How to Draw with Realistic Shading

This tutorial provides a basic way to teach a younger or less experienced artist to shade realistically with graphite, and eventually other media as well. Let's begin!


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    A three-dimensional drawing will still look flat or two-dimensional without the aid of shading.
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    If we visualize a light source at the upper left of the image, we can simulate an object as 3 dimensional by adding various layers of grey (one darker than the next). Start by using the lightest gray or white along the area nearest to the light. You can use various shades of pencil or coloring tools to create this effect.
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    If the layers of grey are blended together where the each shade meets, It can further simulate the appearance of volume and solidity.
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    This effect can also be done using pen and ink, by drawing intersecting lines drawn on top of one another to simulate the appearance and layers of shading from light to dark. This is commonly used in illustrations and comics. In other print media, the printing process uses "halftone" printing, which prints small dots of varying sizes to simulate shading.
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    Here's an example of shading using various layers of grey. The sketch used here was created using an image of the actress Milla Jovovich. I sketched the image using a very dark rough pencil and only drew the darkest parts of the image.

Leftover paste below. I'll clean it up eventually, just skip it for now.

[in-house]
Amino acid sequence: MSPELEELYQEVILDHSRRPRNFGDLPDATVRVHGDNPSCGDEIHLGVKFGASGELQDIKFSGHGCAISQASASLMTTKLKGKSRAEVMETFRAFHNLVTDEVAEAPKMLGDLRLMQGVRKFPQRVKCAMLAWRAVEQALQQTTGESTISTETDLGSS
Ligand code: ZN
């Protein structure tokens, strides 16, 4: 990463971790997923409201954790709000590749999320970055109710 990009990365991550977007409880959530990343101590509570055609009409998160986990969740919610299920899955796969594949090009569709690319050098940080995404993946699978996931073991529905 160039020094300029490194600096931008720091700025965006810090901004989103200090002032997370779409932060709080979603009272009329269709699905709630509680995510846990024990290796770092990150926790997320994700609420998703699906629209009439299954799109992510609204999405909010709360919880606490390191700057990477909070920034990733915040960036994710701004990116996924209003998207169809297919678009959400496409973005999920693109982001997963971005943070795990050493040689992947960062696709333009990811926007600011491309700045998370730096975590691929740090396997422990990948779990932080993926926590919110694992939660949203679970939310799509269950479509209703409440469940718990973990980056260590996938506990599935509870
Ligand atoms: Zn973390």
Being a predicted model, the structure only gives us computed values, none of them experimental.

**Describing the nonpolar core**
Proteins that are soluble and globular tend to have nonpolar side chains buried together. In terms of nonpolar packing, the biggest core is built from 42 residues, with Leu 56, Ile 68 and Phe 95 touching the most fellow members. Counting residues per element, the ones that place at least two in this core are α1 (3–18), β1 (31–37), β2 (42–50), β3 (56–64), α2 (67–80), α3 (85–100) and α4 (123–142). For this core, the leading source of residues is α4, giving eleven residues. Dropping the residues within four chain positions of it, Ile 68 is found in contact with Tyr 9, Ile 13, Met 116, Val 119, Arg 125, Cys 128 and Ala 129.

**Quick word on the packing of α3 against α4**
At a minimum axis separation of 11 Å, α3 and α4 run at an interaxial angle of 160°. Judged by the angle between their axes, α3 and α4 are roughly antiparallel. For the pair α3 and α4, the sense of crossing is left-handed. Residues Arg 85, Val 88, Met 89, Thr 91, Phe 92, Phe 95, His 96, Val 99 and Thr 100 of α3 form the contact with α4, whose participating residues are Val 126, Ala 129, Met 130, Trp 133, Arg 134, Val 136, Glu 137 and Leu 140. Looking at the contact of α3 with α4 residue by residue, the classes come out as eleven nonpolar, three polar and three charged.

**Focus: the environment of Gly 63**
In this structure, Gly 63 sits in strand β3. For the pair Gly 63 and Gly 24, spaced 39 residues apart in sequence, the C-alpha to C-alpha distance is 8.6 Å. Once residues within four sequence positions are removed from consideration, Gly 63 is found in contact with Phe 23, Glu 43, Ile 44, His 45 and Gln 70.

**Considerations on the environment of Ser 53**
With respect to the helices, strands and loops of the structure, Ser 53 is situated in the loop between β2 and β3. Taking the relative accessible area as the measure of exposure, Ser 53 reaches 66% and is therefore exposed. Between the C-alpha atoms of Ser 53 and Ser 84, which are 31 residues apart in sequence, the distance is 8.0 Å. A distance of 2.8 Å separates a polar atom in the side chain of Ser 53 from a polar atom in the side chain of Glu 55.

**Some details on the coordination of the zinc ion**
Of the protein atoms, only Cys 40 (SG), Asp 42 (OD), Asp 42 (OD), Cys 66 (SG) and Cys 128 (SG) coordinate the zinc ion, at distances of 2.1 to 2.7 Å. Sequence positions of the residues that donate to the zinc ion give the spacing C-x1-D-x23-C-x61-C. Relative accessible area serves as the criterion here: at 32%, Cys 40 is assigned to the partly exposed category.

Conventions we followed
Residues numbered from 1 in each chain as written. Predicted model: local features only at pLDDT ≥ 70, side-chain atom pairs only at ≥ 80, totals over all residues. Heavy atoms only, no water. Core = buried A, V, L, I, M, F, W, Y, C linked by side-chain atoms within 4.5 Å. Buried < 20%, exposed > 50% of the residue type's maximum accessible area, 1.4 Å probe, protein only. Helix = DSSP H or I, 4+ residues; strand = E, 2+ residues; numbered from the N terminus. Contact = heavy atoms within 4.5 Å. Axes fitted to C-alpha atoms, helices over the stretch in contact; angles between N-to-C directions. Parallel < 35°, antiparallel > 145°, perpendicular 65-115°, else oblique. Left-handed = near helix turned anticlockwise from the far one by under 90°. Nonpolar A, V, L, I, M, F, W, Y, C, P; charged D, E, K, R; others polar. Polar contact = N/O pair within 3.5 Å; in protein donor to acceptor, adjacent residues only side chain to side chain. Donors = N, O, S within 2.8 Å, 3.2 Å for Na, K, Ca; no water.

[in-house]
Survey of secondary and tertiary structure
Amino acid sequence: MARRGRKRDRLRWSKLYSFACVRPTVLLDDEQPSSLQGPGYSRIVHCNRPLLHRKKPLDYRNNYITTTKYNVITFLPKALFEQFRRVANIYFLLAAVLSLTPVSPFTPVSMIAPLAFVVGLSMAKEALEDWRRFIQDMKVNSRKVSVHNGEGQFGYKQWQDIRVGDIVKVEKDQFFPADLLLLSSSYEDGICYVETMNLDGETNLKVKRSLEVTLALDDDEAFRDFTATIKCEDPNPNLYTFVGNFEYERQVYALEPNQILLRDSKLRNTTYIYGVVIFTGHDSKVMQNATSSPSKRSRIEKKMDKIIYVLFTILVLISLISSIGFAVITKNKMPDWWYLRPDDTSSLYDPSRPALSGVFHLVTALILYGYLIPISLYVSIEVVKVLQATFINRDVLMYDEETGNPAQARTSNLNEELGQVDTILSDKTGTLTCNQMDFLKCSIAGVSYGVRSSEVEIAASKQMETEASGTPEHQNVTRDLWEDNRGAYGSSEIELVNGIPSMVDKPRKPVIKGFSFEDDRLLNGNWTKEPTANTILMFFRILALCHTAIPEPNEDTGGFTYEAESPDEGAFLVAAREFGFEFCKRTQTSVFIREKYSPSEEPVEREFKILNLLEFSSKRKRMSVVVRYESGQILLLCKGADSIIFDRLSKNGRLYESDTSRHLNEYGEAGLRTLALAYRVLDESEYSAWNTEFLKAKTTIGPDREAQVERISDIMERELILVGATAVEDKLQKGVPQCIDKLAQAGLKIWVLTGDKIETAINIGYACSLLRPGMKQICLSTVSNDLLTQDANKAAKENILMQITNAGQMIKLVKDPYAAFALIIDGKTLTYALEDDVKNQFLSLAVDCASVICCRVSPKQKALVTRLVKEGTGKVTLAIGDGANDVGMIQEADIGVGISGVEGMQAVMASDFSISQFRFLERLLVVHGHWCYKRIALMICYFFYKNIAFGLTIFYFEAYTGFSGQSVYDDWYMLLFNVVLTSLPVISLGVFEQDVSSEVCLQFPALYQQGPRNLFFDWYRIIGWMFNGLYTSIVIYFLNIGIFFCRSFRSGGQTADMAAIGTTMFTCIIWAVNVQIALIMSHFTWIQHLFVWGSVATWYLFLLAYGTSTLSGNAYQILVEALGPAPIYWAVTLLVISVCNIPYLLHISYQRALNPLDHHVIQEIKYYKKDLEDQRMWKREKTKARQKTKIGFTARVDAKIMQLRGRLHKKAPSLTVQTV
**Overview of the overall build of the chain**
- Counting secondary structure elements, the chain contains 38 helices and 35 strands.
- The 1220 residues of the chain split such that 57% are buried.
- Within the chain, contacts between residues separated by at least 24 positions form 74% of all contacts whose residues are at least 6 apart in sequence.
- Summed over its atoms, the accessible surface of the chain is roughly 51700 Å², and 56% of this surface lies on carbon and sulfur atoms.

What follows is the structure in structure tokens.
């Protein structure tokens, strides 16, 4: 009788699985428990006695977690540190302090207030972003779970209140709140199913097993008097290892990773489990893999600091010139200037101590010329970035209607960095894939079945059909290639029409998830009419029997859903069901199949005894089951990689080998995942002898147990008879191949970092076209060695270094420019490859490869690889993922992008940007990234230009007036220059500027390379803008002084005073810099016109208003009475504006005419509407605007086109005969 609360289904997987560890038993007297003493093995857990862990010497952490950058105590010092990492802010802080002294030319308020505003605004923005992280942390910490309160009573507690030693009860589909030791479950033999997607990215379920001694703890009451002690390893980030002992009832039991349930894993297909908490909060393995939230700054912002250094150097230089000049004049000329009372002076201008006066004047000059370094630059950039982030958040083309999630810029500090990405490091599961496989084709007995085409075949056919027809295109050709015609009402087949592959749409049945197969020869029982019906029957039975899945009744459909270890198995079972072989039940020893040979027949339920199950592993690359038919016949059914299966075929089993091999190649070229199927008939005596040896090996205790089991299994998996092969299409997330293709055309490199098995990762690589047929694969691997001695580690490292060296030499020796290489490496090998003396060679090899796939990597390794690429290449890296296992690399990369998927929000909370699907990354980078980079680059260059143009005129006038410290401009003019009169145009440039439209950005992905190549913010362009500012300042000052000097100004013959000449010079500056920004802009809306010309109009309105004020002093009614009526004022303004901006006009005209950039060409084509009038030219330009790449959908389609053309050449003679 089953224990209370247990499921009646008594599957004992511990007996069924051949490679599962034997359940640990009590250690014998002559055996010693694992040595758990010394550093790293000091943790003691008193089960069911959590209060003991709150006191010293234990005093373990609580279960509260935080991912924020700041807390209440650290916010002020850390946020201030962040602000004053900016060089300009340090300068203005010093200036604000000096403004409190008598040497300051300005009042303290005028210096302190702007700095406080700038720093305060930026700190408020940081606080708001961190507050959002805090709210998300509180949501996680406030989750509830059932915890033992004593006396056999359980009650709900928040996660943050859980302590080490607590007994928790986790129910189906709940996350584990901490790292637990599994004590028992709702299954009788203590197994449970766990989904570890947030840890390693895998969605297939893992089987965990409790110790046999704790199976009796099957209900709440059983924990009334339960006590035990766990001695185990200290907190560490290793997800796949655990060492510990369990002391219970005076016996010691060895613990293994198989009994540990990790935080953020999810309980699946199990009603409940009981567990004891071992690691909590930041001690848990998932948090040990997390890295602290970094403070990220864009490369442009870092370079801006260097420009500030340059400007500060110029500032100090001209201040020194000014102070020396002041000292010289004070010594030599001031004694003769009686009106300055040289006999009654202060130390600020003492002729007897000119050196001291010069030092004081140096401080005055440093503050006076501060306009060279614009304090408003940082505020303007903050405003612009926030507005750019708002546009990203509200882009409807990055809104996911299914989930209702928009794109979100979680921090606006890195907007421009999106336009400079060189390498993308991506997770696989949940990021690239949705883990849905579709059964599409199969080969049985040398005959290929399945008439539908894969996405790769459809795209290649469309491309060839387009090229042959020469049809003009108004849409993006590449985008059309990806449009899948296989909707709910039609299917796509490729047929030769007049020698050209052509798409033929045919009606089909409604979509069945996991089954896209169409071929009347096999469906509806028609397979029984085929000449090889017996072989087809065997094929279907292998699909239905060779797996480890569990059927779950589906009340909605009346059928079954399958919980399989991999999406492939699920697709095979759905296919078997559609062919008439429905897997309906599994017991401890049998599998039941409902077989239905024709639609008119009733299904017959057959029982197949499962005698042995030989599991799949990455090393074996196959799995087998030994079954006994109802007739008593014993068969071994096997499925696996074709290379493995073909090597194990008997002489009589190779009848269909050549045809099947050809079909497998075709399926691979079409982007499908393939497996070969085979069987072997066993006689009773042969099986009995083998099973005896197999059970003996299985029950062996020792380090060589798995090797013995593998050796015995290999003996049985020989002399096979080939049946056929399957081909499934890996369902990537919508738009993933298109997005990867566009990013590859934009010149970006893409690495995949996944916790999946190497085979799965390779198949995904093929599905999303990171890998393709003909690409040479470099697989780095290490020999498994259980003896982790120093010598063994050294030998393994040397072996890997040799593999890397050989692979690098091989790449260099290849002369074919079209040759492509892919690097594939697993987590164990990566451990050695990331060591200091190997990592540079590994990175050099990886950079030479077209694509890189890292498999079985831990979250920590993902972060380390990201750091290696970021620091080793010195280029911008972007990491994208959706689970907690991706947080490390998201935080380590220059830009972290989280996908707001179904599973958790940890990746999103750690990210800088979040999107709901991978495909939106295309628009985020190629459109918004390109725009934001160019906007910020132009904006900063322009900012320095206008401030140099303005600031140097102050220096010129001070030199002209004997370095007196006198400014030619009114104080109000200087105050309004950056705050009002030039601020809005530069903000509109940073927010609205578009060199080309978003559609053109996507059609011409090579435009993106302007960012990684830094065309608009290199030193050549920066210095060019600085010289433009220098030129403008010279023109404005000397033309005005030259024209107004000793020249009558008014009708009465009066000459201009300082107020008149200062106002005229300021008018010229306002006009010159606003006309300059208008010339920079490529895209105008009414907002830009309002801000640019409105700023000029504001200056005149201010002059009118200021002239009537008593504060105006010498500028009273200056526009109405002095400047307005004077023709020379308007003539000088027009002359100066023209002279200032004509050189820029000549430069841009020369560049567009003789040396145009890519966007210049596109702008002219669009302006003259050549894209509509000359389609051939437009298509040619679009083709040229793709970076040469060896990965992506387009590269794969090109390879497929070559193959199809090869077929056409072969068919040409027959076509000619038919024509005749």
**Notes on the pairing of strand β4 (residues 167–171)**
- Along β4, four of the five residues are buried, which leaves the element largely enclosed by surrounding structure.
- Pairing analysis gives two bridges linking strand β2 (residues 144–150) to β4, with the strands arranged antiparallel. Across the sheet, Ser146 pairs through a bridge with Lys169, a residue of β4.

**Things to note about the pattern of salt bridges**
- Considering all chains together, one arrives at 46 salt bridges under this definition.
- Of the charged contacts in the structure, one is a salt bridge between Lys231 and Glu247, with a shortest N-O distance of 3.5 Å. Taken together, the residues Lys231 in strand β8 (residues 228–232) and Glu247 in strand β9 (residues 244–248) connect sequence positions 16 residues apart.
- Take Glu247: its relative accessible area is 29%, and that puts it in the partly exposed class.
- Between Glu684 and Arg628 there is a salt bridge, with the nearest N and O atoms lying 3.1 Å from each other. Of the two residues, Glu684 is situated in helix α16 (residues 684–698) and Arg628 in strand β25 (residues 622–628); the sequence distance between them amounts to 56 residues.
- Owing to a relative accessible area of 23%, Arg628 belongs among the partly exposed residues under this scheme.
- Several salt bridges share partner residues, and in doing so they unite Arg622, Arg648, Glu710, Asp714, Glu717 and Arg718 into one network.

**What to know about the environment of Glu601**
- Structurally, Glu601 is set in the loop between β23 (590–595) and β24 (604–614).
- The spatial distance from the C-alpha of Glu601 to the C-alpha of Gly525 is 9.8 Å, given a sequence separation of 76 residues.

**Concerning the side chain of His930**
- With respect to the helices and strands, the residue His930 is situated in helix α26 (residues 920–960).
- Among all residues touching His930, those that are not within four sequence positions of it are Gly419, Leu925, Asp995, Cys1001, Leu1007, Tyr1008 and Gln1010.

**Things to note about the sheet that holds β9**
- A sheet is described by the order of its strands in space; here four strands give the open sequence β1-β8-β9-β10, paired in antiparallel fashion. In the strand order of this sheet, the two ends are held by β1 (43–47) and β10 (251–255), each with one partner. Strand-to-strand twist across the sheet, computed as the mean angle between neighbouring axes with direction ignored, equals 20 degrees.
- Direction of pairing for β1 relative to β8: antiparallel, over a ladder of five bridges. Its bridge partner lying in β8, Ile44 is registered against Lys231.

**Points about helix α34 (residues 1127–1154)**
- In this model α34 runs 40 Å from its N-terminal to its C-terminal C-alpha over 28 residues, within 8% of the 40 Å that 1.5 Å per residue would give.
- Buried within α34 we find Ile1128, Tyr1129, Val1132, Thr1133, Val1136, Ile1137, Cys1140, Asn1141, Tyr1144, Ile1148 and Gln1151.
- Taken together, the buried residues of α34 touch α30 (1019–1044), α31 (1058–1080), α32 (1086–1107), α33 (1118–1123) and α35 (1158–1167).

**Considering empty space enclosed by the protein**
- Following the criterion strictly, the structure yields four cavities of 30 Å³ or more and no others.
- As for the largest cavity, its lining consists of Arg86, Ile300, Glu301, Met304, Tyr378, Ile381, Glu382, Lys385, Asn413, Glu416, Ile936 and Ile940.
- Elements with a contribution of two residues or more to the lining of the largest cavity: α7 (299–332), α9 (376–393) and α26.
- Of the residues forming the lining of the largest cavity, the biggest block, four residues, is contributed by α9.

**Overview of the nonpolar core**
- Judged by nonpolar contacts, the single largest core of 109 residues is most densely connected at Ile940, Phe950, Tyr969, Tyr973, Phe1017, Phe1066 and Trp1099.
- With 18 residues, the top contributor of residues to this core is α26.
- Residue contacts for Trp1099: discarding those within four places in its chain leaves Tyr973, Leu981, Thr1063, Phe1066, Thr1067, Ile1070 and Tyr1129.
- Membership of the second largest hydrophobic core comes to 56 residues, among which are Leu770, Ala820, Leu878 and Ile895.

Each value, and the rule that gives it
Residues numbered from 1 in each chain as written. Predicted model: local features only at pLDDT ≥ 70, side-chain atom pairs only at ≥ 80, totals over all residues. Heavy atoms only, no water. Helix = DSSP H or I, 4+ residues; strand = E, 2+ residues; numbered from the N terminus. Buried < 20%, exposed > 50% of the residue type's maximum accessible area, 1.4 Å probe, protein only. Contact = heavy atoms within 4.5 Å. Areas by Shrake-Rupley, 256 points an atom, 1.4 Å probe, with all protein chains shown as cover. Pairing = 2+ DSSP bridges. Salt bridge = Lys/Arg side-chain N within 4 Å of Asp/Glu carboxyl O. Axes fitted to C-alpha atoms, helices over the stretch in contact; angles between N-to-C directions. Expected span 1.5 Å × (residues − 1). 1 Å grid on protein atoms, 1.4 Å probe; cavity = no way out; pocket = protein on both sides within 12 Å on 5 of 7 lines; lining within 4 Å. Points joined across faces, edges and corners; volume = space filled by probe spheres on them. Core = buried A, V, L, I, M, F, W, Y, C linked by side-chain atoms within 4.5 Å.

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    Leaving the lightest part of the image as white, the rest of the sketch was shaded with a light shaded coloring tool.
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    Using a slightly darker shade of coloring tool, the next darker areas of the image were shaded.
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    A darker shade of coloring tool was used to shade the darkest areas of the image.
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    By blending the edges of each shade using a blending tool, the final image now has a 3 dimensional appearance like a photograph.


  • Work slowly, and always start too light. It's easier to add pencil than remove it.
  • Pencil/graphite hardnesses go from hardest to softest in the following order: 6H, 4H, 2H, H, HB, B, 2B, 4B, 6B, 8B. HB is also called No.2. See Choose a Pencil for more information.
  • Keep your hand steady and do not apply too much pressure.
  • DO NOT blend or smear with your finger. The oils can damage paper. If you can't find tortillons, use a tissue.
  • For extra effect, highlight an area with colored pencil, then use a coordinating matte in the frame. For example, you could draw a rose in graphite, color the flower red but leave the stem and leaves grey, and use a red-in-black matte, inside a silver frame. The silver and black coordinated with the graphite, the red accentuated the flower.
  • Cross-hatch - crossed parallel lines.
  • Hatch - parallel lines to infinity.


  • Don't smear the graphite to blend it. It may leave smudges around the drawing. Use a tortillon to blend so that smears are prevented.
  • Softer graphite is harder to control and will smudge more easily. However, harder leads will cut the paper more often and are harder to get contrast with, along with being less blendable. Use HB or softer.

Article Info

Categories: Coloring and Shading